You know those picturesque summer days when you saunter through the markets, langorously sampling this cheese, that berry, smiling to people you know, hearing the live band play from across a field, grinning at the ice cream cone-wielding children running innocently through other people's legs?
Yea? Well, this was not that day. I didn't langorously sample anything, or meander around casually exploring. I ended up at the market with a "get in, get out" shopper attitude. It wasn't my preference, but "situations" occurred.
First of all, I'd been so caught up in my relaxing morning of writing, here, that I was only partly in the mood to go in the first place. What with all that rain coming and going...sometimes it's just more appealing to stay in when it's raining. But then I thought of the possibilty that people would be offering radishes - my current addiction I'll likely be telling you more about later on - and I thought I might as well get out and see.
Since I'd waited so late to go, I opted for the larger market available to me. If vendors decided to close up shop a little early and head on home, this way I'd still have more options. So off to the Piedmont Triad Farmer's Market I went.
On my way there, an inexplicable puff of dust came bursting through my air conditioner vents and straight into my face as I drove. Until then, it had been windows down, enjoying the sunshine, up the highway to said farmer's market. And suddenly I was covered in this light film of dust. This has never happened before, but when you drive a car as many years as I have this one, inexplicable things are bound to happen eventually.
I mean, I wanted to bring you the stories and share the experiences. Sadly by the time I arrived, in spite of one farmer's assurance that a guy down that way had had them earlier, nobody seemed to be offering radishes for sale.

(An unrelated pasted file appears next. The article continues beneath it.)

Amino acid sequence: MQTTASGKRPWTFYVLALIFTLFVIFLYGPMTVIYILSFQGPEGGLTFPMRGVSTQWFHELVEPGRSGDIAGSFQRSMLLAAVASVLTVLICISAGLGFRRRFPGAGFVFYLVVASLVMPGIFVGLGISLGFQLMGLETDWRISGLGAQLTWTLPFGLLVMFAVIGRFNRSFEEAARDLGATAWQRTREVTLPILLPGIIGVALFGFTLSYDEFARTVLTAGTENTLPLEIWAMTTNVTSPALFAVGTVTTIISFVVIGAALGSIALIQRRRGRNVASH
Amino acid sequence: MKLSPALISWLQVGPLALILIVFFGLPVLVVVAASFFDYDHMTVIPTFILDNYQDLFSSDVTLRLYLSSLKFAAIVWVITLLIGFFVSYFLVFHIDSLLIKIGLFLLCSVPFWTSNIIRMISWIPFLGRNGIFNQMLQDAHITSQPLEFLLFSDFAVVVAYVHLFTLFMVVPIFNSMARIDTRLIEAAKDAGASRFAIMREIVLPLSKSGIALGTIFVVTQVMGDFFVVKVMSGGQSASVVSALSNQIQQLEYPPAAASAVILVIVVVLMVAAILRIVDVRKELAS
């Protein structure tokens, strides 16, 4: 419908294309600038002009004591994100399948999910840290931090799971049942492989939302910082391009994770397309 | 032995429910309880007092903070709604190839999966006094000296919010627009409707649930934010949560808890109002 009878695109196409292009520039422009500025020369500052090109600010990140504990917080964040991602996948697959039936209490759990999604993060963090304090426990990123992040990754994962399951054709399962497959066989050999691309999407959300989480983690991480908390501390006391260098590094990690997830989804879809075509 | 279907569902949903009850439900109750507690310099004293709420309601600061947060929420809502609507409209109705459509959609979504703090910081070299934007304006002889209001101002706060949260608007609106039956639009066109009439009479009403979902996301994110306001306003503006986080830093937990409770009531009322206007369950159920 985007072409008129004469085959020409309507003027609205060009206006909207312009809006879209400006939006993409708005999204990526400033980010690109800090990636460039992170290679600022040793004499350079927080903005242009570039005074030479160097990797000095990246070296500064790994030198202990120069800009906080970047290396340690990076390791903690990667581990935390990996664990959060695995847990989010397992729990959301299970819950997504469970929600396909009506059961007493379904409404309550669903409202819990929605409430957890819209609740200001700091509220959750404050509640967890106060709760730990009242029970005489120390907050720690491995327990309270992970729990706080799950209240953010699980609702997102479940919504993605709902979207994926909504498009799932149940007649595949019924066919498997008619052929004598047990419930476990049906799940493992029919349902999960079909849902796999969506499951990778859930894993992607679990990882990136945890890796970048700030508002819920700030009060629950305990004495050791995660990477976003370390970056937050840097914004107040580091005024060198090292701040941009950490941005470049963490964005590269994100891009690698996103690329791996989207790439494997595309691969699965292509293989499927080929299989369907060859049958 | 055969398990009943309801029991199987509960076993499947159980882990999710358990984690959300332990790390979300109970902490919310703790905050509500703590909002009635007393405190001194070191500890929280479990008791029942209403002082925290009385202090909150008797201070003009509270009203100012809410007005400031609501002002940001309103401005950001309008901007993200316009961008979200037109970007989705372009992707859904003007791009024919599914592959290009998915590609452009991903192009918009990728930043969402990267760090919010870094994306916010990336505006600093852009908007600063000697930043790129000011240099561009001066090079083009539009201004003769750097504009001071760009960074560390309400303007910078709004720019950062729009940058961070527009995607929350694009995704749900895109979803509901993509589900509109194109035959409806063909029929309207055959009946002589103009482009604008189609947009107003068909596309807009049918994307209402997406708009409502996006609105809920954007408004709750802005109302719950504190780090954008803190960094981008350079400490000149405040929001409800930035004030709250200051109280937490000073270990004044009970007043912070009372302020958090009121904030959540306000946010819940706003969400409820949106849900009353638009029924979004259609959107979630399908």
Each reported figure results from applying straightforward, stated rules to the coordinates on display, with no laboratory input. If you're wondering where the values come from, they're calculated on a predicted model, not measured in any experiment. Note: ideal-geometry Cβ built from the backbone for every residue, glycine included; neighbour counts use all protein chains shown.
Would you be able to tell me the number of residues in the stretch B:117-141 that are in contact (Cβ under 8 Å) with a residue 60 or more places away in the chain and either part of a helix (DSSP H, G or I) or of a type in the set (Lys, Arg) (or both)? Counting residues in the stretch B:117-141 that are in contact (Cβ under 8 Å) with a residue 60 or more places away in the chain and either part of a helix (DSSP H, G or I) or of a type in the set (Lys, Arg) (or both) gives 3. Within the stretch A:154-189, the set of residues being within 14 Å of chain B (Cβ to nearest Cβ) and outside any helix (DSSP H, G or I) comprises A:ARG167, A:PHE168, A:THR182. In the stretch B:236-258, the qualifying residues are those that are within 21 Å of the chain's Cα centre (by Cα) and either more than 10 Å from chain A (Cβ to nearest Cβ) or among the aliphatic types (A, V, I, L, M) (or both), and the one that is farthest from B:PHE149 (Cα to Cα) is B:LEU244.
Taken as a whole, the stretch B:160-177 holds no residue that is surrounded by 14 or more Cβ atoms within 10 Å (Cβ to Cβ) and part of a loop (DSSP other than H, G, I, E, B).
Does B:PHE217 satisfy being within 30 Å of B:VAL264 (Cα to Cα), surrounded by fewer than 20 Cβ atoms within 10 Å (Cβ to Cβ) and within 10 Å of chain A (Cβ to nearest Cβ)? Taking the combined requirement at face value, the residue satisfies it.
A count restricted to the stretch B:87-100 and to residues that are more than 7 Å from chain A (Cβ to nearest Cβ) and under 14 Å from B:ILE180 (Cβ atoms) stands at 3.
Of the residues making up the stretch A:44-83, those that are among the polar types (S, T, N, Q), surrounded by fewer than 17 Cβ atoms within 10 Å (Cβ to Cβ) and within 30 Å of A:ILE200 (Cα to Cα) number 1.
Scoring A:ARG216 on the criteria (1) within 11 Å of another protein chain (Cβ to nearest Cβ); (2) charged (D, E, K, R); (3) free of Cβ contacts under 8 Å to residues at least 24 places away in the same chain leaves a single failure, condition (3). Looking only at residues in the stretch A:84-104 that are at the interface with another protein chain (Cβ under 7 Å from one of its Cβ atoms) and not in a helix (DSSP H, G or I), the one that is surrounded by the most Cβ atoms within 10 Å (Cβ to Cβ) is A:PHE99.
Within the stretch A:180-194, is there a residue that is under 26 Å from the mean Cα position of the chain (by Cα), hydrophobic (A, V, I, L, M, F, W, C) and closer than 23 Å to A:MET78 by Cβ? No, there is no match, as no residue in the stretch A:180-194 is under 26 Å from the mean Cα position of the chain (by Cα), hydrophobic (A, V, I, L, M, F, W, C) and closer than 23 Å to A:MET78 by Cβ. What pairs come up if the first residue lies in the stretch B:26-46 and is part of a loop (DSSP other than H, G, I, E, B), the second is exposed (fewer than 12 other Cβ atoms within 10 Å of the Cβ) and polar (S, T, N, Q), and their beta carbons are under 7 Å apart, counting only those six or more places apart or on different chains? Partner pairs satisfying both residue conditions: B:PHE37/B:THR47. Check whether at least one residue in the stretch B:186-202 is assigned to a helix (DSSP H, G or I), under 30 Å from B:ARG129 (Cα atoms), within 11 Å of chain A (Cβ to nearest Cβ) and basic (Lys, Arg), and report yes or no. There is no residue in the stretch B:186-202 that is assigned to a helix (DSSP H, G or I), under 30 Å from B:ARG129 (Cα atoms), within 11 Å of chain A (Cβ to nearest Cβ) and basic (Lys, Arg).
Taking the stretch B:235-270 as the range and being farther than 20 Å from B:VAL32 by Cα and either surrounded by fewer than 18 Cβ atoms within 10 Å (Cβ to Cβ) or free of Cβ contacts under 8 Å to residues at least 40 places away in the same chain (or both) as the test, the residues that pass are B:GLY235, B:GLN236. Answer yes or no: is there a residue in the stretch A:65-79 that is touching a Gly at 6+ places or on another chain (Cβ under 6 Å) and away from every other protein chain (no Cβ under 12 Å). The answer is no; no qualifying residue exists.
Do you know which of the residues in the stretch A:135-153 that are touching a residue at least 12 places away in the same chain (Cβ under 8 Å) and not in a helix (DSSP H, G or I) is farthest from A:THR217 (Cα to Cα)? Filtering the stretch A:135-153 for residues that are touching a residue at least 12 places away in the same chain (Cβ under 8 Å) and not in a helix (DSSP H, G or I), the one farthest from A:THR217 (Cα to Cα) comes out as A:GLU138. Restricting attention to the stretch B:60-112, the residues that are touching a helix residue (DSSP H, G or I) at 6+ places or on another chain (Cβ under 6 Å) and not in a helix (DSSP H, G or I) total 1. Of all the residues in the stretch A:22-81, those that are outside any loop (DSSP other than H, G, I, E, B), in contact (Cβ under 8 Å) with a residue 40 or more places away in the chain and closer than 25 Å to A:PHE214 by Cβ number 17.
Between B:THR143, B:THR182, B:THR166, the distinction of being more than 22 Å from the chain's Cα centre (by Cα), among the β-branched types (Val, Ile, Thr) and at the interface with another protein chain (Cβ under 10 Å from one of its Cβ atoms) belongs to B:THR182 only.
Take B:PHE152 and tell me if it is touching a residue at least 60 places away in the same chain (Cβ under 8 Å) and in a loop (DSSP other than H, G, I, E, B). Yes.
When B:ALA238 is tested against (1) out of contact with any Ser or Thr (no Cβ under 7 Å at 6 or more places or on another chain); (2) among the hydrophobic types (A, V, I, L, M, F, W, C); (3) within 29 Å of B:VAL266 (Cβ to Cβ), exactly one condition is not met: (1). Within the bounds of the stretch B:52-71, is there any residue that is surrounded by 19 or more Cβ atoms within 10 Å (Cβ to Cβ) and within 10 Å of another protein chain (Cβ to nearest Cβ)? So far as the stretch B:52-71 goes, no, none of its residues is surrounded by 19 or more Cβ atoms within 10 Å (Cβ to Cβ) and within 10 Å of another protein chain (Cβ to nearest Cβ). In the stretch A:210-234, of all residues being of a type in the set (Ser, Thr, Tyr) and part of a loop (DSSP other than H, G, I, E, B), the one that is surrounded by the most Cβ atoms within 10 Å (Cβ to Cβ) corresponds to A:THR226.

Even though I had to stop and sit down 5 or 6 times and remove my contact lens and rinse it out, and part of the time I was in actual physical discomfort from the red eye that kept asking me to please, oh please take everything out and just close it for a good hour, I had a lovely time. Even with the humidity.
Because I didn't get there first thing in the morning for the freshest of the fresh, the "cream of the crop" so to speak, I got the other end of the deal - the guy who was selling this asparagus changed his prices for that end of the day "please don't make me take this stuff home where it might go to waste" bonus. $4 for one bunch, or 2 for $6. Sold. Not that I can see 'em, or anything, but hey, I have an idea! You pick out the two bunches you would want if you were doing the shopping today!
So I shot a few quick pictures with my iPhone, and in the end the best part of the day was eating what I bought. First, a late lunch of salad when I returned home. Prepared with crisp lettuce and glorious Finally The Way God Intended tomatoes purchased at the market, and radishes, olives, avocado and sunflower seeds I already had on hand, I tossed in some Annie's Natural Goddess Dressing and ate the whole huge thing.
Then later, one entire bunch of that asparagus, sauteed in a pan with two cloves of garlic, about a tablespoon of sesame seeds and a splash of olive and sesame oils with a little grind of sea salt and pepper, became my dinner. The whole thing, nothing else. Just a big bowl of crisp green goodness. Yum.
Then the blueberries I found at the market, in my Cheerios with unsweetened Silk this morning, making me wish I'd also indulged in the Buy Two Get A Deal pricing. But I remind myself, there's always next week. Or later this week, even, if I like!
I'm pretty sure everything really does taste better when you've met some of the people who grew your food for you.